Endocannabinoid Metabolism in Neurodegenerative diseases: We and others discovered previously that 2-AG exhibits profound anti-inflammatory and neuroprotective effects in response to harmful insults.  Pharmacological inhibition of MAGL that boosts 2-AG signaling and reduces its metabolites (e.g., arachidonic acid and prostaglandins) reduces neuropathology and improves long-term synaptic plasticity, learning and memory in animal models of both AD and TBI.  However, it is still not clear whether genetic disruption of MAGL will yield beneficial effects similar to those following pharmacological inhibition of MAGL in AD and TBI and which cell type-specific MAGL plays a role in alleviation of AD neuropathology and TBI-induced AD-like neuropathology.  This study will provide important evidence supporting our idea that MAGL is a novel and promising therapeutic target for neurodegenerative diseases, including AD and TBI-induced CTE.  This project is supported by the grant from NIH NINDS (R01NS076815).

 

Traumatic brain injury and Alzheimer’s disease:  Alzheimer’s disease (AD) is the most common cause of dementia in the elderly. While the etiology of AD is multifactorial and complex, growing evidence suggests that traumatic brain injury (TBI) is a risk factor for development of AD and dementia. A single severe or repetitive mild TBI may cause CTE, the most recently defined TBI-triggered progressive neurodegenerative disease, characterized by persistent neuroinflammation, neurodegeneration, TAR DNA-binding protein 43 (TDP-43) proteinopathy, Aβ formation, hyperphosphorylated tau (p-tau), marked brain atrophy, memory loss, and dementias.  We are interested in defining the mechanism that contribute to the both conditions.  The results from this research project will further our understanding of the etiology and the mechanism common to both AD and TBI-induced AD-like neurodegenerative disease and ultimately identify a novel therapeutic target for preventing development of AD and/or TBI-associated AD neuropathology and dementia, or for halting disease progression. This project is supported by the grant from NIH NIA (R01AG058621).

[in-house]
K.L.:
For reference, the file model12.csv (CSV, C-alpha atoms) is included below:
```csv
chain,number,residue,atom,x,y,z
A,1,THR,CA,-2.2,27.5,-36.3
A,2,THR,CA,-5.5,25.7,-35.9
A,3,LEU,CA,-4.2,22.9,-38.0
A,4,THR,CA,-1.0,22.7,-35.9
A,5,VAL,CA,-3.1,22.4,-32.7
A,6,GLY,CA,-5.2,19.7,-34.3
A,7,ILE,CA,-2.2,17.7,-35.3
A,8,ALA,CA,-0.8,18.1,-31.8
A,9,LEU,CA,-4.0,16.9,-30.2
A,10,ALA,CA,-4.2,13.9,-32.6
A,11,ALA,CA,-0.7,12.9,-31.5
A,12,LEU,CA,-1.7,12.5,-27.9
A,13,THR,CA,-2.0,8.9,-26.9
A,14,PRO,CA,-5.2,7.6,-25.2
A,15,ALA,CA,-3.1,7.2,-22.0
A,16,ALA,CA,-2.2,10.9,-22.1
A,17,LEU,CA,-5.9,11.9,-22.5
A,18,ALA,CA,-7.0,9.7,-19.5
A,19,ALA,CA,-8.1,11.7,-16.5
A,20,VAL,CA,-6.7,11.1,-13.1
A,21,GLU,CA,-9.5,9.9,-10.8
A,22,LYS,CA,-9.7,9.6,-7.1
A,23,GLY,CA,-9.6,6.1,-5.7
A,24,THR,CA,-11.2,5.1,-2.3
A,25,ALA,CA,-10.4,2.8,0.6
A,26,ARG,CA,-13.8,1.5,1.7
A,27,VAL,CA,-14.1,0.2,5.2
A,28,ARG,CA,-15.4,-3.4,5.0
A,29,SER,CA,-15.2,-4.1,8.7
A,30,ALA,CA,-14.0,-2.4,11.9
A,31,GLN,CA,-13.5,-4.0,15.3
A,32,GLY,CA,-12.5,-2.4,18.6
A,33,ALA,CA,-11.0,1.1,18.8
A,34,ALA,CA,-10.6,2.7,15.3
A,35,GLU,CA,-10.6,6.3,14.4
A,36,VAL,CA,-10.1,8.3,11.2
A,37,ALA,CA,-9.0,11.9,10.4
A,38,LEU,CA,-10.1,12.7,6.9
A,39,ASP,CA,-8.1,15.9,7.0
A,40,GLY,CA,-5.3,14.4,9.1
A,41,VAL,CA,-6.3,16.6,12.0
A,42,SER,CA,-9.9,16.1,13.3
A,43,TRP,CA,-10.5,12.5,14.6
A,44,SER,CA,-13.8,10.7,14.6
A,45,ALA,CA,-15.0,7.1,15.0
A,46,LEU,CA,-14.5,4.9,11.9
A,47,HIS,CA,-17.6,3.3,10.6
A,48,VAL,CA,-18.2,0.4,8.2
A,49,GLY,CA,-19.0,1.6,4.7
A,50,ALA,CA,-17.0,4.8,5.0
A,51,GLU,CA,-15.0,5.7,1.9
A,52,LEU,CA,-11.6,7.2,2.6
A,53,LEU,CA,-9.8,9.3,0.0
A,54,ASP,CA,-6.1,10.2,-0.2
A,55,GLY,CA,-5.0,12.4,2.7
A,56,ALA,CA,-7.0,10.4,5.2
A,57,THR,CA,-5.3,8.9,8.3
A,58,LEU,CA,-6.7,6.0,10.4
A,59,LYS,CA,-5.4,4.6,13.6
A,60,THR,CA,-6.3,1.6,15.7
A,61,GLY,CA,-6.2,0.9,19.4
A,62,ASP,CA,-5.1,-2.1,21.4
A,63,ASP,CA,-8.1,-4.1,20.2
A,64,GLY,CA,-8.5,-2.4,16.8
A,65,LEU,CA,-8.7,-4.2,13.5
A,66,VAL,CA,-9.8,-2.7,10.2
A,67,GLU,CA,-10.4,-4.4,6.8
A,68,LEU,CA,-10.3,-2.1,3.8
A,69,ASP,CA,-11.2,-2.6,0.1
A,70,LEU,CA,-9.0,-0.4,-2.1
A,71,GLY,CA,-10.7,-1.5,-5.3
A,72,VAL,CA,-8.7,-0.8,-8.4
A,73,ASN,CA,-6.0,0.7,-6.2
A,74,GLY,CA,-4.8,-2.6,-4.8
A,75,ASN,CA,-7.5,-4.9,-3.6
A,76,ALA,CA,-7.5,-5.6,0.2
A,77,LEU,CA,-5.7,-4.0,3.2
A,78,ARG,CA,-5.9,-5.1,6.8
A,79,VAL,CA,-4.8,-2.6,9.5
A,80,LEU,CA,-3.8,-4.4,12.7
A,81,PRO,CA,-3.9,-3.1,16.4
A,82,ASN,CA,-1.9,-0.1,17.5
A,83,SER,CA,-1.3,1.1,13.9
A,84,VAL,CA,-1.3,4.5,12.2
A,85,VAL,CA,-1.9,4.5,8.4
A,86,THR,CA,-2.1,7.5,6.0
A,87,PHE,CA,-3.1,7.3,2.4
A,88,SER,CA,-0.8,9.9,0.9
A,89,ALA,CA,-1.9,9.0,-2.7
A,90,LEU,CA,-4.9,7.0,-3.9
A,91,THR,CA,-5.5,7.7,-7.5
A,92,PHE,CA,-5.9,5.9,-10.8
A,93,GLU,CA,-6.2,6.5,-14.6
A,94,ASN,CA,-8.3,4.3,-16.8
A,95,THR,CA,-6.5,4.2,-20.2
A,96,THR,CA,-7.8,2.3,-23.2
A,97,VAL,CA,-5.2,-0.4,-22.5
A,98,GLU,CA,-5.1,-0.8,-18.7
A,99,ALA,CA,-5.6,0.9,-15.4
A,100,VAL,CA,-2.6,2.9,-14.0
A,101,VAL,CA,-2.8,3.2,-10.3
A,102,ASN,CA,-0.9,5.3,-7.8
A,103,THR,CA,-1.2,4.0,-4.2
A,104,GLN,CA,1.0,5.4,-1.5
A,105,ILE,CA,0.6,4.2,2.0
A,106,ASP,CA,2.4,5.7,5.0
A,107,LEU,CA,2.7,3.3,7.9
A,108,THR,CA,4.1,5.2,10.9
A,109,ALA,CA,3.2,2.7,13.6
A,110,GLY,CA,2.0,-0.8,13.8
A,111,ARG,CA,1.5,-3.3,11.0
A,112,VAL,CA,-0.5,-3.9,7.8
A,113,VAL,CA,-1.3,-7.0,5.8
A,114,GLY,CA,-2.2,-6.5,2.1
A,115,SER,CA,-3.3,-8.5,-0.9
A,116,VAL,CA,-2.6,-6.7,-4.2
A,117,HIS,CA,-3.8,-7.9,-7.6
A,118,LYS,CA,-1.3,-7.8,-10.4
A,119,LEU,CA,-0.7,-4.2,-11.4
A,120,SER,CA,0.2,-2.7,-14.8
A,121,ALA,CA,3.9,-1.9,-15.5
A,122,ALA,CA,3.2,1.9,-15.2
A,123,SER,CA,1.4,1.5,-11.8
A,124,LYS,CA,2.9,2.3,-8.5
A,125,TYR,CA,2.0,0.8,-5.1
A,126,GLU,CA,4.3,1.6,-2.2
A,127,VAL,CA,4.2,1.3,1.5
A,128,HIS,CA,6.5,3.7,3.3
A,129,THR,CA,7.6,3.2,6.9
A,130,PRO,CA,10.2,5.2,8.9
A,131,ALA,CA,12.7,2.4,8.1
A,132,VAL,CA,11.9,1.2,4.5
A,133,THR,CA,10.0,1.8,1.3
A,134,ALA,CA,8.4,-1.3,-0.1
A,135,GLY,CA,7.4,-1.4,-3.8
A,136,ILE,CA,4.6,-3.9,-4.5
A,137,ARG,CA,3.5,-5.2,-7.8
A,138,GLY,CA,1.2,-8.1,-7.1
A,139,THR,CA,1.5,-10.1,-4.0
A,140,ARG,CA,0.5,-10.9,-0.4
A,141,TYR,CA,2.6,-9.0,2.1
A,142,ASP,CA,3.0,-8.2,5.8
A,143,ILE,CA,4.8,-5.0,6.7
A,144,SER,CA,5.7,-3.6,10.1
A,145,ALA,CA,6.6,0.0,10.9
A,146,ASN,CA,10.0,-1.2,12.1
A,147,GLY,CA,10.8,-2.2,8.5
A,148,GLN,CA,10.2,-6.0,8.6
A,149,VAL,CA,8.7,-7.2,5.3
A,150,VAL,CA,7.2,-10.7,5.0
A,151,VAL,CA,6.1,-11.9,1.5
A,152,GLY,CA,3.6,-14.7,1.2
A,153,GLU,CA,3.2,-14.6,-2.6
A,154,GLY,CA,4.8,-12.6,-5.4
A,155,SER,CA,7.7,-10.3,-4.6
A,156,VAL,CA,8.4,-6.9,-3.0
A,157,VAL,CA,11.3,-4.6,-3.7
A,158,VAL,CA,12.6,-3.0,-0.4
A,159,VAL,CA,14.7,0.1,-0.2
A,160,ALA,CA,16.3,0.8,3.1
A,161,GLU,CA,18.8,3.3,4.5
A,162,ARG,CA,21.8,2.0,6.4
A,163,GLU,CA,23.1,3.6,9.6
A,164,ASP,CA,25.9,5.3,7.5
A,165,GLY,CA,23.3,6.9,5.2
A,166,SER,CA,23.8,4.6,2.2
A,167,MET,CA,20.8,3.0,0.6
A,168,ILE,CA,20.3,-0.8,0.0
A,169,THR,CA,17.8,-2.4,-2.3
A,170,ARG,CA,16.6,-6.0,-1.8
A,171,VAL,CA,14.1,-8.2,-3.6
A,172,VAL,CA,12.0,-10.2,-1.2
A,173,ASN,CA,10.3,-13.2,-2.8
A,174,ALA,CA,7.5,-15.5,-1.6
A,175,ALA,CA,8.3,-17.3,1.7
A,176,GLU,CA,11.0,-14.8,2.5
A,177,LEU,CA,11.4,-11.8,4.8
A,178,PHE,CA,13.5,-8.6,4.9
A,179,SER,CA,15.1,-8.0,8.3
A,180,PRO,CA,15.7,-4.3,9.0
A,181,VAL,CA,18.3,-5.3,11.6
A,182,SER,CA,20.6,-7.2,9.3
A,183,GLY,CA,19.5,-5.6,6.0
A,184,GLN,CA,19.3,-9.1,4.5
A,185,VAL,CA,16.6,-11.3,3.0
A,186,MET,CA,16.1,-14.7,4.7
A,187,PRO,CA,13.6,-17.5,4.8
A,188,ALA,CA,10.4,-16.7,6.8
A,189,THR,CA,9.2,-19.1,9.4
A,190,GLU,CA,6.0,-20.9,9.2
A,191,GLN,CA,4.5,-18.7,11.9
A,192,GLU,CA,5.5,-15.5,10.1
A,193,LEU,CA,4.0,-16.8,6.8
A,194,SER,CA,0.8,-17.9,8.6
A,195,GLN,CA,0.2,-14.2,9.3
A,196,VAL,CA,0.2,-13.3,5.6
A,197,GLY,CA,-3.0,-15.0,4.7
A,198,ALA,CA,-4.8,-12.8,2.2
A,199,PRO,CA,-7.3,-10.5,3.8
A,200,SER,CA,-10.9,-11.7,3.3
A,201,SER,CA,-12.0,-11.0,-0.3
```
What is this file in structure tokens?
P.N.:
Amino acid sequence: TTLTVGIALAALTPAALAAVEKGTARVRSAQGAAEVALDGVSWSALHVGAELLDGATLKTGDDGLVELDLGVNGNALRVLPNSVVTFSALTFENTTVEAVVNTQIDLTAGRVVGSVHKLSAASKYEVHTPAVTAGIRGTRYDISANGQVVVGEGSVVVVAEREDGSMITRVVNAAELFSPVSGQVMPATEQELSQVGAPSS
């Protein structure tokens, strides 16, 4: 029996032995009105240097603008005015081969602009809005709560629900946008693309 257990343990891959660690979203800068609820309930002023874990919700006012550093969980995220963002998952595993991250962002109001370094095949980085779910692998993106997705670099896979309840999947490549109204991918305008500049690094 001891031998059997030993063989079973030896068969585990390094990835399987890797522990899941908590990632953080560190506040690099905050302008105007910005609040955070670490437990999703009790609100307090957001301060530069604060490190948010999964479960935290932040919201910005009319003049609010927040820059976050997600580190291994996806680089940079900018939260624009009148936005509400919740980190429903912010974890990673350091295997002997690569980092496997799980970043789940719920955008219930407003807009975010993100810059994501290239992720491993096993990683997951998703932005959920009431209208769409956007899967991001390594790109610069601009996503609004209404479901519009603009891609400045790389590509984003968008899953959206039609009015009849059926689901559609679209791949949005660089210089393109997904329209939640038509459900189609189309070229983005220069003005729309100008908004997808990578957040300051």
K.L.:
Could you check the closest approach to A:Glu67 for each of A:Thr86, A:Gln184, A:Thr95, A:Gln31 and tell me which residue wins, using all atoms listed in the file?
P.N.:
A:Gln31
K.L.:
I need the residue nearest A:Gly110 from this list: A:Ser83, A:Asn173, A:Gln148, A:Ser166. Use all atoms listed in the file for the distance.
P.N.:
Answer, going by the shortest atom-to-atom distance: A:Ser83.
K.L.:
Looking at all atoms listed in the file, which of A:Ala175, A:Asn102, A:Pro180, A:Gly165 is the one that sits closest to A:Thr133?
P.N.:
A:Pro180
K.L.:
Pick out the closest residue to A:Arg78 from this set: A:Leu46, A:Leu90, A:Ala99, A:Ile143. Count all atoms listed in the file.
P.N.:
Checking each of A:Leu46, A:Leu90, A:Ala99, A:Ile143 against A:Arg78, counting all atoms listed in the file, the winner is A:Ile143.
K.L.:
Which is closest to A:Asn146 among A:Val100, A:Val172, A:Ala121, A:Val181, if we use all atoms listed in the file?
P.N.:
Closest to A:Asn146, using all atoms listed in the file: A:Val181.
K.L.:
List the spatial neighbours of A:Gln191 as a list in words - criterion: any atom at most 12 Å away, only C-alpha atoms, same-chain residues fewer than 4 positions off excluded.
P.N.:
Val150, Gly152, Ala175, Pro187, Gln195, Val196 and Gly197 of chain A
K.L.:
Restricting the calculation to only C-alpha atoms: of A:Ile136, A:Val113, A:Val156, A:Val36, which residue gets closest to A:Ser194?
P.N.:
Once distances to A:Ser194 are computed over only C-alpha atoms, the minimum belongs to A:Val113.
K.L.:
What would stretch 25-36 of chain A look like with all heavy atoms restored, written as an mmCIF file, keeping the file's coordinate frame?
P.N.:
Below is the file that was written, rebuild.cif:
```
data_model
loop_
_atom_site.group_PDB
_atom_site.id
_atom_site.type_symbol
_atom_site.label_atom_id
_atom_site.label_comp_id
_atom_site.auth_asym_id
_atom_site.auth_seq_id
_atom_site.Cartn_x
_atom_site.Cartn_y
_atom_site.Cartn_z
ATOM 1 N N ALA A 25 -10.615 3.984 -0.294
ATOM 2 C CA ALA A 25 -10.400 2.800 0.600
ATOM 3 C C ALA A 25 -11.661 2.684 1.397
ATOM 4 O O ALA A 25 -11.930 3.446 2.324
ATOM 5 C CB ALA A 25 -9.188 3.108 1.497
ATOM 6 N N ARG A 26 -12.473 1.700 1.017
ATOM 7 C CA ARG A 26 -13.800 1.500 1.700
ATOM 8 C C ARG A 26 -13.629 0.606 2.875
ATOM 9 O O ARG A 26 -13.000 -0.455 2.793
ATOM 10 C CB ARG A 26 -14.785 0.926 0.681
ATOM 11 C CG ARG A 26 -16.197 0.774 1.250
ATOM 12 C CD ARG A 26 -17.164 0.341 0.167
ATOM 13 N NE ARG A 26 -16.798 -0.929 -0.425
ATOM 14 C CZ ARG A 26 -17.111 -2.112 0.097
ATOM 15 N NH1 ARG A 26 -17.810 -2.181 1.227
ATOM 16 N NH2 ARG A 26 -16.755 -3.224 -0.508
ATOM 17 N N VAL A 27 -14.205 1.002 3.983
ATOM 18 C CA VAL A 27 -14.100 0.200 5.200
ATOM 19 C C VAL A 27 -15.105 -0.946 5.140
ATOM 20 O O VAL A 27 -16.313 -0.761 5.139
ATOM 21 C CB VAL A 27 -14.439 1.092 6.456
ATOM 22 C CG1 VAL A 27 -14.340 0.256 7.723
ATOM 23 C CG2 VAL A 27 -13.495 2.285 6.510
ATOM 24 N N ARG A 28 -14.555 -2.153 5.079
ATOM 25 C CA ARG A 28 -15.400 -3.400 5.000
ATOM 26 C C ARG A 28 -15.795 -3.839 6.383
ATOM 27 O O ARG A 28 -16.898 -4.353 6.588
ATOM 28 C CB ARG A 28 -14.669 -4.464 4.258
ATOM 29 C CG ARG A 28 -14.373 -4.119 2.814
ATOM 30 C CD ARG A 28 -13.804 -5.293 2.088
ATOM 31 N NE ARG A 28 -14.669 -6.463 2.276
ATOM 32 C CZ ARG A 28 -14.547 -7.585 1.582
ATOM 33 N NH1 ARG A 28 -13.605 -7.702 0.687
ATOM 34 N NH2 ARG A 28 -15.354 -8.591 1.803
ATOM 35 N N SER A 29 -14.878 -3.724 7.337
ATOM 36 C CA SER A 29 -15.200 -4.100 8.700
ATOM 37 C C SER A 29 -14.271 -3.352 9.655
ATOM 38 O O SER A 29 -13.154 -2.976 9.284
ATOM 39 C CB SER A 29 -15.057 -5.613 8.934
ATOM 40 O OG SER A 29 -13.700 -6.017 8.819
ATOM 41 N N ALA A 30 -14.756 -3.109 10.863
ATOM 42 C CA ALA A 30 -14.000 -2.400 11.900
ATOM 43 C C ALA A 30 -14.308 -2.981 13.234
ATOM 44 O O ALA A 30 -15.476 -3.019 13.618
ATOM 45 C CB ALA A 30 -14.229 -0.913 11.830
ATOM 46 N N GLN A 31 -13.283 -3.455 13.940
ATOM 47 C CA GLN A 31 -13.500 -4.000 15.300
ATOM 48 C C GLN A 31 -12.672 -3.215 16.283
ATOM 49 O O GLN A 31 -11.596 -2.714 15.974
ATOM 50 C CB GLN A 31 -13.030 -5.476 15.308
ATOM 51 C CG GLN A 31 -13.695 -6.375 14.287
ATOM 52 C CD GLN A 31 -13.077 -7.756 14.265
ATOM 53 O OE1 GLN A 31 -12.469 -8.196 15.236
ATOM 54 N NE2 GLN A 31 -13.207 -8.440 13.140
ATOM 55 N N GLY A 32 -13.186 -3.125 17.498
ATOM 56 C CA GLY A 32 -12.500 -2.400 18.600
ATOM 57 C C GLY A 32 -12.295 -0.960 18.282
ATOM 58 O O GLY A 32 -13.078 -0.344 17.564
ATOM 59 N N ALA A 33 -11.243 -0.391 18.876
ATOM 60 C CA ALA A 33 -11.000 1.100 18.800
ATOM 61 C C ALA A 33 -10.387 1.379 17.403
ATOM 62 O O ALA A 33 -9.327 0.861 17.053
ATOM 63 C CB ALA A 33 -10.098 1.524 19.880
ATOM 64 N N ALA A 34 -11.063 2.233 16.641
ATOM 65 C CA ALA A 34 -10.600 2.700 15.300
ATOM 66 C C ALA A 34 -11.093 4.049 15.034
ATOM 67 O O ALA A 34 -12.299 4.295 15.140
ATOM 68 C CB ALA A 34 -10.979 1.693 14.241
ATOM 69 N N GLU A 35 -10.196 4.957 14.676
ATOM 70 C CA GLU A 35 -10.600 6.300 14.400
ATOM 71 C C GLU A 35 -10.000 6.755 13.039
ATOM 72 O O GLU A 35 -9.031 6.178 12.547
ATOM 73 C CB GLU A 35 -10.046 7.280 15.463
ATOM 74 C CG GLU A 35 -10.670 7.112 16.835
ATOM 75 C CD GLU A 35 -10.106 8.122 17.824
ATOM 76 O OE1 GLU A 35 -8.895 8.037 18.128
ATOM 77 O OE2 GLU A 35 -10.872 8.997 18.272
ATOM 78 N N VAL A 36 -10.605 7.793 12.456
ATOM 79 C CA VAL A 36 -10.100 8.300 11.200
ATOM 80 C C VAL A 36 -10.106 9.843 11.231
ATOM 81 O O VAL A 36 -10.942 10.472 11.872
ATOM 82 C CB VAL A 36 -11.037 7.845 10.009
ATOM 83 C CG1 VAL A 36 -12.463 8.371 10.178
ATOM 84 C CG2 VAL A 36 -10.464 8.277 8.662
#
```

Lab Members

Jian Zhang
Laboratory Manager and Senior Research Associate
Postdoctoral Fellow
Postdoctoral Fellow
Mei Hu, Ph.D.
Senior Postdoctoral Fellow
Jack B. Hashem
Research Assistant – Senior

Publications

  1. Song Y, Hu M, Zhang J, Teng Z and Chen C. (2019) A novel mechanism of synaptic and cognitive impairments mediated via microRNA-30b in Alzheimer’s disease. EBioMedicine 39:409-421 PMID: 30522932 (Highlighted in this issue)

 

  1. Qian Q, Zhang J, Bao W, Zheng T, Zhou D, Zhang X, Pan H, Zhang H, He X, Sun B, Luo B, Chen C and Peng G. (2019) Downregulated expression of microRNA-338-5p contributes to neuropathology in Alzheimer’s disease. FASEB Journal 33:4406-4417. PMID: 30576233